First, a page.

I've been working with 3.1.2, and was in love with the concept of transparently persisting "hibernatable" domain objects within a process.
There is a slight, what I would call counterintuitive problem with the default variable mapping config file related to this though... objects that are Serializable even though they are "hibernatable" will be, by default, persisted in the process via serialization rather than hibernate. This is due to the sequence of matcher/converter declarations in the default config file.
As the engine is trying to figure out how to save a process variable to the DB, it will encounter the serializable converter PRIOR to the HibernateLongVariableInstance... (as they're checked sequentially) so when a user attempts to utilize the default behavior with their domain object (and it happens to be serializable), they'll be in for a big surprise as it won't actually utilize the hibernate variable instances OOTB. This can be fixed by providing your own config file in the root of the classpath - blah blah blah. As far as I'm concerned though the default behavior should be a bit more intuitive and attempt to use the hibernate variable instances prior to the serializable variable instance.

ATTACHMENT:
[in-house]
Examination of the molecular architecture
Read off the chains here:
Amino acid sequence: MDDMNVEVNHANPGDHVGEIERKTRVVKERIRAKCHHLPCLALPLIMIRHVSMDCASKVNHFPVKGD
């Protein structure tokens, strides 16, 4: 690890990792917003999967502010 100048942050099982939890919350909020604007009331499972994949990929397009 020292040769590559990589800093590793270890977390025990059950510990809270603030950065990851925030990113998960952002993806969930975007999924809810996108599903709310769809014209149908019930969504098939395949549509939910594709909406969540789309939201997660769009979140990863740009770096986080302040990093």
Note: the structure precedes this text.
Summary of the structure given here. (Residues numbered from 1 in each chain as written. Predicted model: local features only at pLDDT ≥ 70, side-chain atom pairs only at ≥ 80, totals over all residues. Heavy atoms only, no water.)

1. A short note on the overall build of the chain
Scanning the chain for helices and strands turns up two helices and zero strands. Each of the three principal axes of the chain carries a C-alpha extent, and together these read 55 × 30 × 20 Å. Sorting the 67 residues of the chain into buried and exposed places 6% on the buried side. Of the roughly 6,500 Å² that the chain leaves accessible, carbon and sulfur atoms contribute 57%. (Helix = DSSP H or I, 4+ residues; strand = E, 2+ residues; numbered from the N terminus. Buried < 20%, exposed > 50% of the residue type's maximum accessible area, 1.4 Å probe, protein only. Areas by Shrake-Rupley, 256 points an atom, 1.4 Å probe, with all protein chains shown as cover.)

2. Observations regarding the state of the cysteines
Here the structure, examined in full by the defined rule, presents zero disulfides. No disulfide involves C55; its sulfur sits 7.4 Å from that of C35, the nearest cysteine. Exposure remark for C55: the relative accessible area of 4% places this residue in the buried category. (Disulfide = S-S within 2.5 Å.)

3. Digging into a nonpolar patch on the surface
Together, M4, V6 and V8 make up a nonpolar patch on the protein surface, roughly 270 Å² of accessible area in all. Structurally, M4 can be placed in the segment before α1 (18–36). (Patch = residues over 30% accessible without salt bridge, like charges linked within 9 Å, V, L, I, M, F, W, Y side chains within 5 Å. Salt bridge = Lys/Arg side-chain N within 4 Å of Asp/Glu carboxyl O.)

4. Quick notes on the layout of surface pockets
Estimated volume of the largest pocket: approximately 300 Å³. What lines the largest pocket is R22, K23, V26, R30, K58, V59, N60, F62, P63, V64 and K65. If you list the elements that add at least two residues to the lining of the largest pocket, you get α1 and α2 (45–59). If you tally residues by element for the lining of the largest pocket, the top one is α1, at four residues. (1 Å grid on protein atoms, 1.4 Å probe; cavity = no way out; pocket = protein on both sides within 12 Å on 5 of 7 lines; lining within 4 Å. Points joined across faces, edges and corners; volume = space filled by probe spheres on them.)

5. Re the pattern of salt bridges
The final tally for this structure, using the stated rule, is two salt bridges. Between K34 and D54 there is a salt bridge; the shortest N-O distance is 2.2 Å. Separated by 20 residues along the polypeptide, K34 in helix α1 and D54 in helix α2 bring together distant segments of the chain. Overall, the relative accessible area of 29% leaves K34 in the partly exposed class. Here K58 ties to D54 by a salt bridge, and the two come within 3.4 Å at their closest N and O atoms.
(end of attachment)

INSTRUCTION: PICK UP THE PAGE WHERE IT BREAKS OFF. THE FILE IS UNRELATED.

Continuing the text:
simply changing the ordering in the default file makes things work as one would expect (IMHO).
Also on this subject - there's a bit of code in the match() (name?) method of the hibernateLongID variable instance impl that is a bit odd - the class metadata for an object's class is fetched (if possible). If it exists, the identifier type's class is compared == to LongType.class... this caused me no end of problem. The question is - why is it comparing the identifier's class == rather than using instanceof or assignable from to determine if the object can use that particular variableInstance implementation.
Please pardon the ramblingness of this post - it's late and I've been wrestling with this, trying to get the most intuitive behavior in our app all day.